A hugely talented but socially isolated computer operator is tasked by Management to prove the Zero Theorem: that the universe ends as nothing, rendering life meaningless. But meaning is what he already craves.
Pre-teen Jeliza-Rose's parents are hopeless drug addicts. When pa, rocker Noah, finds ma's OD'd, he fears to be charged with homicide and takes Jeliza along to his ma's place, in a desolate country region. With Noah passed out, the girl mentally transfers to a fantasy world she and her doll heads enter magically. Jeliza's adventures also star the crazy locals, notably Dell, and Dell's grown but intellectually disabled brother Dickens.Written by
I was very intrigued by the range of opinions about this film, and I'm kind of agnostic about Gilliam at the best of times so could have gone either way. In the event, it seems to me like a very personal, smallscale and risky film - the kind of thing major directors don't do often enough.
Gilliam introduced the screening I attended by saying that plenty of the (invited) audience would hate the film. He also said that its subject is the resilience of children, in a world where we're encouraged to treat them as helpless victims most of the time.
I was pretty much enthralled from the opening scene. Jeff Bridges plays a character who's like the dark side of the Dude. A semicoherent junkie who's trained his daughter to cook up his heroin shots for him, he'd be the world's worst parent figure if it wasn't for the mother, a grotesque Courtney caricature who seems to me to be the only person in the film Gilliam's unable to summon up any liking for.
Events lead us into the wheatfields of the midwest and the story takes off into completely unforeseeable territory. There are countless reference points touched on over the next hour or so, in a very playful way - everything from Dorothy's farmhouse and her encounters with witches and brainless tin men, to the dinner table scene in Texas Chainsaw Massacre, to Psycho, to Jan Svankmeyer and The Bride of Frankenstein, and in what's either a major theft or a loving homage, one of the plot points of The Butcher Boy becomes a central event here.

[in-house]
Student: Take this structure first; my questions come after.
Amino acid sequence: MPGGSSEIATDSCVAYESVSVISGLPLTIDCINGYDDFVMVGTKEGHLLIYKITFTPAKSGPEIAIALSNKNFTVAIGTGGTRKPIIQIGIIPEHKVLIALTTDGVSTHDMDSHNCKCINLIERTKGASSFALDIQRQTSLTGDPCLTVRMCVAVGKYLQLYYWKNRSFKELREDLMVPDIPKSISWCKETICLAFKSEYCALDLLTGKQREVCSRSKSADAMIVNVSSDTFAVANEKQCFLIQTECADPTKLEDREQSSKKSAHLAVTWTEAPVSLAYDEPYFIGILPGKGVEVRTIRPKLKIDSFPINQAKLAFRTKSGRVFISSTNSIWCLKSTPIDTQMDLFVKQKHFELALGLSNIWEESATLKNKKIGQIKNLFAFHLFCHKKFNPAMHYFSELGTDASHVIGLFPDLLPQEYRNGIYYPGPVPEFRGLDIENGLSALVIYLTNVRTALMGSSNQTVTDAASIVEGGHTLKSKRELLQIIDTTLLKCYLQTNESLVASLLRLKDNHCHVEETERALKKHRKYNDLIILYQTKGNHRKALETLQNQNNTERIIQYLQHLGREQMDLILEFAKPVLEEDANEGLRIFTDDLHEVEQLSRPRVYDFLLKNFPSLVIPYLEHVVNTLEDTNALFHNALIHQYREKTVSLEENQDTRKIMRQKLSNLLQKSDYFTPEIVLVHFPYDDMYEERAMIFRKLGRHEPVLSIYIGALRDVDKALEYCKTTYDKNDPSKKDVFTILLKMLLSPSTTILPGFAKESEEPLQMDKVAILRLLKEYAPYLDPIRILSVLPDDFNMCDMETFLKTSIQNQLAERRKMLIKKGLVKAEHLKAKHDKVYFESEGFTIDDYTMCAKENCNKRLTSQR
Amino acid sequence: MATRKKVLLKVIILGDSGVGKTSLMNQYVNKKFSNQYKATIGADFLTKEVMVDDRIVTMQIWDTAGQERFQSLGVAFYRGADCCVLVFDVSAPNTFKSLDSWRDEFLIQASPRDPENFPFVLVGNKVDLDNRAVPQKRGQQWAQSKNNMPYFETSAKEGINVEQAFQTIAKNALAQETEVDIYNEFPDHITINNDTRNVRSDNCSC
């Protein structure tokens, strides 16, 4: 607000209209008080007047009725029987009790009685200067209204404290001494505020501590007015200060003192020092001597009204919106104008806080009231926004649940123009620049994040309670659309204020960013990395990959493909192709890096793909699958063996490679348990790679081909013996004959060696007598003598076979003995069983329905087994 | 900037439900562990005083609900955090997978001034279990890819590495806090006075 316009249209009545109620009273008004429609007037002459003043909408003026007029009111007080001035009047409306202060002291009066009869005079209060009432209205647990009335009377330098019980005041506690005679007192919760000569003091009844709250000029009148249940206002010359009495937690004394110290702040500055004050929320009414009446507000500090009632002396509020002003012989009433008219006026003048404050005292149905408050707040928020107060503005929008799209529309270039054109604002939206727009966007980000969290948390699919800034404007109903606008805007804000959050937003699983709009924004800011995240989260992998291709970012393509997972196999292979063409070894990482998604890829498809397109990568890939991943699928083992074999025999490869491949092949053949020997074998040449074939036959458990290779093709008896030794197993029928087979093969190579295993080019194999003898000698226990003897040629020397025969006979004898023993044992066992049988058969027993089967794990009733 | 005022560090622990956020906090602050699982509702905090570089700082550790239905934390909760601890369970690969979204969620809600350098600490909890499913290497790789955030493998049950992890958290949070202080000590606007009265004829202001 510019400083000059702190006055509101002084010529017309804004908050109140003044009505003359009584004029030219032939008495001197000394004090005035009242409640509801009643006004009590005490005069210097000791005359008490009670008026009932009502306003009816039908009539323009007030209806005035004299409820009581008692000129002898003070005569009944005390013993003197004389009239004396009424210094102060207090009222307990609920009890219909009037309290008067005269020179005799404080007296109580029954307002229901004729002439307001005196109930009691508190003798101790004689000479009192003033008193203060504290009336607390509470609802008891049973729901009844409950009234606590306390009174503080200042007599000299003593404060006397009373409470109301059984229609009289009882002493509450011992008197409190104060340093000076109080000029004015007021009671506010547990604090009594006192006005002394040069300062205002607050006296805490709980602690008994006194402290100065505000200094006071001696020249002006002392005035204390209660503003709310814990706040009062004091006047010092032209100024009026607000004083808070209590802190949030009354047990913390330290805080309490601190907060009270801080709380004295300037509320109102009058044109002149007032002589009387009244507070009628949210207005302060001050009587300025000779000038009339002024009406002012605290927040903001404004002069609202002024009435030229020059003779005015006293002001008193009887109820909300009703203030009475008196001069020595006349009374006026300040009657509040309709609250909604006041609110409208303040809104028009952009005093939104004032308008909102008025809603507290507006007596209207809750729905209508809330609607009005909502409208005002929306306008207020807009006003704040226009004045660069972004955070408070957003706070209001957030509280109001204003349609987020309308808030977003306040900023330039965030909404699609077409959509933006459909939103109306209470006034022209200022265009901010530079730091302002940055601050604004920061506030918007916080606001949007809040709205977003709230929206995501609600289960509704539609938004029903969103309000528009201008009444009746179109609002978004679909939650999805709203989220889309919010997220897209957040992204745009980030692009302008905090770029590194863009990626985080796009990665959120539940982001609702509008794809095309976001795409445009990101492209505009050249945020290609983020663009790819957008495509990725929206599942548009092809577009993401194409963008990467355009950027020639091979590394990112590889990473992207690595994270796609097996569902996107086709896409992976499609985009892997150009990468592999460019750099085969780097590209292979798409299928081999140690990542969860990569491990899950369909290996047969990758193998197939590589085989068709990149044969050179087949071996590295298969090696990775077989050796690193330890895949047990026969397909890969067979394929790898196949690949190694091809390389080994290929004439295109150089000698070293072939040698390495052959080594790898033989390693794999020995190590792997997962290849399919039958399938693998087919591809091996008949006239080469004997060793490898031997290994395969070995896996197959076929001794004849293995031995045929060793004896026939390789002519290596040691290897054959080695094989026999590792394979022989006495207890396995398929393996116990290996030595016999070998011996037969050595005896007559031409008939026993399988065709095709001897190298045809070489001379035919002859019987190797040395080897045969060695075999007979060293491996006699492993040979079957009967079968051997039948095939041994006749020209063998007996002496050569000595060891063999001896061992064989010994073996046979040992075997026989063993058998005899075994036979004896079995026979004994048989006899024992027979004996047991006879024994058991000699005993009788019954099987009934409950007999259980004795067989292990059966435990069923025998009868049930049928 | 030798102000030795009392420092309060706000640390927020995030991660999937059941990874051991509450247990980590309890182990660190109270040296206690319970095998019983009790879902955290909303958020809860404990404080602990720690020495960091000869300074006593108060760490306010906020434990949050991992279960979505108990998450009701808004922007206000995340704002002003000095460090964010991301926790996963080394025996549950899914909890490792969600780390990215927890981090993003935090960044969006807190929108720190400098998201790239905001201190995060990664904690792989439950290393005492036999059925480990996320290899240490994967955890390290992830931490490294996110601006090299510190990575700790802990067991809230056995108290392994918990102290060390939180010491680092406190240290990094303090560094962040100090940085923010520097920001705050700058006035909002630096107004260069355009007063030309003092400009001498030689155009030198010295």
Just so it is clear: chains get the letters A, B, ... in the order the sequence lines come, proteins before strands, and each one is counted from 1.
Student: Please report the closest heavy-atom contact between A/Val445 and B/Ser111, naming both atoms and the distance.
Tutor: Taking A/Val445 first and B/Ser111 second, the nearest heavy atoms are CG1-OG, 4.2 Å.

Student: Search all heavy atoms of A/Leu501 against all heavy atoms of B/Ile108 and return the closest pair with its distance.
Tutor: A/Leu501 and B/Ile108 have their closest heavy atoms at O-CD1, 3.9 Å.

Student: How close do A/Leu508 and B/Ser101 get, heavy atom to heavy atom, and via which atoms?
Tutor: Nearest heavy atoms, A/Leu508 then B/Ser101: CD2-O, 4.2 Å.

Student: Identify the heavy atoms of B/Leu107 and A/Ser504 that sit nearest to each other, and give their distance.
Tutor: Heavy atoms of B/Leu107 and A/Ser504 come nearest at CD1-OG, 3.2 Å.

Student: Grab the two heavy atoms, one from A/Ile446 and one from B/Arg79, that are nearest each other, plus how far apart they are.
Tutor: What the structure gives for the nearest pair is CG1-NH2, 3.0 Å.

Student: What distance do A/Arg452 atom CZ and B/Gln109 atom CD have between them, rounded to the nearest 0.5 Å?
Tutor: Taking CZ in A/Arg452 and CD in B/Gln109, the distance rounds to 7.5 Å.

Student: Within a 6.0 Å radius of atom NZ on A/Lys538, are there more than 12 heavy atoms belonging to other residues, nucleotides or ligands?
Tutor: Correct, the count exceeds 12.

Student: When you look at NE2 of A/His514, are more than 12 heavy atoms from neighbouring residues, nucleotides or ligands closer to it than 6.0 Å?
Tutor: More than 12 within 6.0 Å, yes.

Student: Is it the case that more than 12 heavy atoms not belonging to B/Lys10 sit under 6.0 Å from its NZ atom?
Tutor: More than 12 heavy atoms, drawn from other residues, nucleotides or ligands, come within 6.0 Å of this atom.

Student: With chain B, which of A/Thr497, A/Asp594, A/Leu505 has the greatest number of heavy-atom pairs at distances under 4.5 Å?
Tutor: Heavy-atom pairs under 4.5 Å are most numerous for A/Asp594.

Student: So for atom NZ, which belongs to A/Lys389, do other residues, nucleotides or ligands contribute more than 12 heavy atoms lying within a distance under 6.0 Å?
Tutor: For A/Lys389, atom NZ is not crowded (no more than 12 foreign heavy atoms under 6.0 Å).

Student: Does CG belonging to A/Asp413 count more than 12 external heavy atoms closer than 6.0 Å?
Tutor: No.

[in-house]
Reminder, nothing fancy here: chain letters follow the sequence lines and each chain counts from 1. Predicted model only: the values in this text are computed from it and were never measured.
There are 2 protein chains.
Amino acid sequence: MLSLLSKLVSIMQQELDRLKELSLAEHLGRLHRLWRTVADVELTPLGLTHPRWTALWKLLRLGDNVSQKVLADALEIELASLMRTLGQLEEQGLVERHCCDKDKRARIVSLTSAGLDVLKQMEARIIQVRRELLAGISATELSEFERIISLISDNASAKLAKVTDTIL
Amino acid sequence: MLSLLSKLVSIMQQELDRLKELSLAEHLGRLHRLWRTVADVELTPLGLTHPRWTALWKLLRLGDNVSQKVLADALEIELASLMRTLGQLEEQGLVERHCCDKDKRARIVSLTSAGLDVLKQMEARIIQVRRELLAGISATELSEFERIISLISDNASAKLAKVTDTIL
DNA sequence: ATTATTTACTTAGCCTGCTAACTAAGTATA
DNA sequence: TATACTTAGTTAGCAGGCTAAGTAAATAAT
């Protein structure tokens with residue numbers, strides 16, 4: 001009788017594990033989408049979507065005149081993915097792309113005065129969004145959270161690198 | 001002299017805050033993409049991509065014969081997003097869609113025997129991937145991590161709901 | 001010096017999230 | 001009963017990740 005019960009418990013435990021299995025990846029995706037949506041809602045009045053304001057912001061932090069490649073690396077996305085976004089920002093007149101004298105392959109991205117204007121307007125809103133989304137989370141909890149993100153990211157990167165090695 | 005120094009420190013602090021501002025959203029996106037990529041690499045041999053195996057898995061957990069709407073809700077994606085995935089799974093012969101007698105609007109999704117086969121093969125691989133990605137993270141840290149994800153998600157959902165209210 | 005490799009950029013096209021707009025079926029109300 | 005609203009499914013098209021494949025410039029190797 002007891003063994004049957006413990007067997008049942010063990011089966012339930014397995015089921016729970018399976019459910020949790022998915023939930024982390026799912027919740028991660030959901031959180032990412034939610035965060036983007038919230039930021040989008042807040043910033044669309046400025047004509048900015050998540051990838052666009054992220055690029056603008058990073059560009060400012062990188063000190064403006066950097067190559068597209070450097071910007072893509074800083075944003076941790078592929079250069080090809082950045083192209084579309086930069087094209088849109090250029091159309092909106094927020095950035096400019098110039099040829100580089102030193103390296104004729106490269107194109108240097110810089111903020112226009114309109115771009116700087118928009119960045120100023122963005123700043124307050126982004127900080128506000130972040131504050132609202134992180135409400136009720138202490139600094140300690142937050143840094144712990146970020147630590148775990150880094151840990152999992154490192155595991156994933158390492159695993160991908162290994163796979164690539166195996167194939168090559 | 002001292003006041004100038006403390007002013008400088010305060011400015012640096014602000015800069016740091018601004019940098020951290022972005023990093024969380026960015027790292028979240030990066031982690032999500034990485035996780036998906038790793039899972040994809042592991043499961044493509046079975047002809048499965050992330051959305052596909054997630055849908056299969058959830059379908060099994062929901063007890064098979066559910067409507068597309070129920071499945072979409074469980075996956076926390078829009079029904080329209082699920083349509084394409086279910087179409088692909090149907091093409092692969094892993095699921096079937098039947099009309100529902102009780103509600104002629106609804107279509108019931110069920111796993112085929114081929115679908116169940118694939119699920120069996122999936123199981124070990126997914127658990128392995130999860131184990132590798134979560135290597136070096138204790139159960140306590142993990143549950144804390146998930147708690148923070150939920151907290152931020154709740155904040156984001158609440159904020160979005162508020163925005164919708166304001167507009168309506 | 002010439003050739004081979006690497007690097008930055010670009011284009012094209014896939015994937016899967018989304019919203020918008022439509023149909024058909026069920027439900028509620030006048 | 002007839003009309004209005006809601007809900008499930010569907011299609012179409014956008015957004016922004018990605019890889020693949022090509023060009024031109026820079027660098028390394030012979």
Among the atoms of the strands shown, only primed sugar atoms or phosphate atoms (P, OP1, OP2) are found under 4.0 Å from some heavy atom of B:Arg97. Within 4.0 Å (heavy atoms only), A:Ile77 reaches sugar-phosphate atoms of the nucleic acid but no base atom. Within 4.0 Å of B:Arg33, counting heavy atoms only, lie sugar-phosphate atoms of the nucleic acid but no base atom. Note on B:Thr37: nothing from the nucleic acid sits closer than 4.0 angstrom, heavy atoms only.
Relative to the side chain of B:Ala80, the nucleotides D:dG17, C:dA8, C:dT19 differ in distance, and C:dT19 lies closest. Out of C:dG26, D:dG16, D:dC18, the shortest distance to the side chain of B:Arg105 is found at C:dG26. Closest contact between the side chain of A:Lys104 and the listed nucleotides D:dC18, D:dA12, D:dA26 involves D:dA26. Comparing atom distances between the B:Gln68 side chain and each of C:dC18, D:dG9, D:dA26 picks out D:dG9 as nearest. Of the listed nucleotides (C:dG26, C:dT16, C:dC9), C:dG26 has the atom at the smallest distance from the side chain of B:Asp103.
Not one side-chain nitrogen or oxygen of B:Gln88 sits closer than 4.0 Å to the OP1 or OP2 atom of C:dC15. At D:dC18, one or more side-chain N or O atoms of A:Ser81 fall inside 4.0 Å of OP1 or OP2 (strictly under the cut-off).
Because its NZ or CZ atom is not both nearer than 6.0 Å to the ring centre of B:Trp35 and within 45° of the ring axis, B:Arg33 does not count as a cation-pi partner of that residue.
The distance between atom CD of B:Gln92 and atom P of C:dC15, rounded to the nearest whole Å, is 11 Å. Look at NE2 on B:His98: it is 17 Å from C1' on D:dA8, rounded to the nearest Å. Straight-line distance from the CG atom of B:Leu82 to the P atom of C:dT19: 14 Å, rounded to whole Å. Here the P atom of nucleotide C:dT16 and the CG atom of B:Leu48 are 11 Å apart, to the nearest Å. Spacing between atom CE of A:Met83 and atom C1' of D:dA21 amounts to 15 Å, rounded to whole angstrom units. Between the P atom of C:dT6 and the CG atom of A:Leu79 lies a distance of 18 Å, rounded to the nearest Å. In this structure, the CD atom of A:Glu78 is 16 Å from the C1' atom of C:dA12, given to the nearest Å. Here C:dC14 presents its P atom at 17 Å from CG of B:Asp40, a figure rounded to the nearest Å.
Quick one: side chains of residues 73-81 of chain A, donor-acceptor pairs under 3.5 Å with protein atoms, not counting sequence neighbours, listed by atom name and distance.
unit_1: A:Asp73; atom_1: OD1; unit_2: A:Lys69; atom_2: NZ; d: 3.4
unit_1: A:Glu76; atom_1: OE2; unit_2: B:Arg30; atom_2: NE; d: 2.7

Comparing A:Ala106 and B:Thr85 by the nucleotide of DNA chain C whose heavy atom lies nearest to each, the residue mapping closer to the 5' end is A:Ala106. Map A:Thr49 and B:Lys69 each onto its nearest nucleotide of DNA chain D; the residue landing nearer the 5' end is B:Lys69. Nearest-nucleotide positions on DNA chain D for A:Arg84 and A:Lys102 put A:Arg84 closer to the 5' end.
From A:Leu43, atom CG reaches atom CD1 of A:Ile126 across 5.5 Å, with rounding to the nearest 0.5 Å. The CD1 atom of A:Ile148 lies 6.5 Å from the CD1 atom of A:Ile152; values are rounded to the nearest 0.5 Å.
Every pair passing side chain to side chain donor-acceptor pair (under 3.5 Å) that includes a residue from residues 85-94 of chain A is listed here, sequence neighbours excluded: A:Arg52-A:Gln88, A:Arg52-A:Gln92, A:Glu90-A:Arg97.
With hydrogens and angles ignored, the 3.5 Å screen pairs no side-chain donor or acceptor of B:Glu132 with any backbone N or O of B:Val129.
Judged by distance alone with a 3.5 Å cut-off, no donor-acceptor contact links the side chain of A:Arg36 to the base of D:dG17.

The storyline takes detours into whimsy and the massively grotesque - there are two scenes here that will stay with me for weeks, one featuring a sex act in a taxidermist's workshop, the other best left undescribed - but there seems to me to be a central interest in the way that kids keep themselves sane through the most extreme circumstances, through imagination and play, and through projecting their fears onto made-up characters, that really shows an understanding of the way children's minds work.
The main character, the kid, is tremendously convincing, funny and - in the end - heartbreaking. I think this film might just stand with classics like Voice of the Beehive and Bernard Rose's totally underrated Paperhouse as one of the great films about solitary children and their imaginations, and their ability to rise above their fears.
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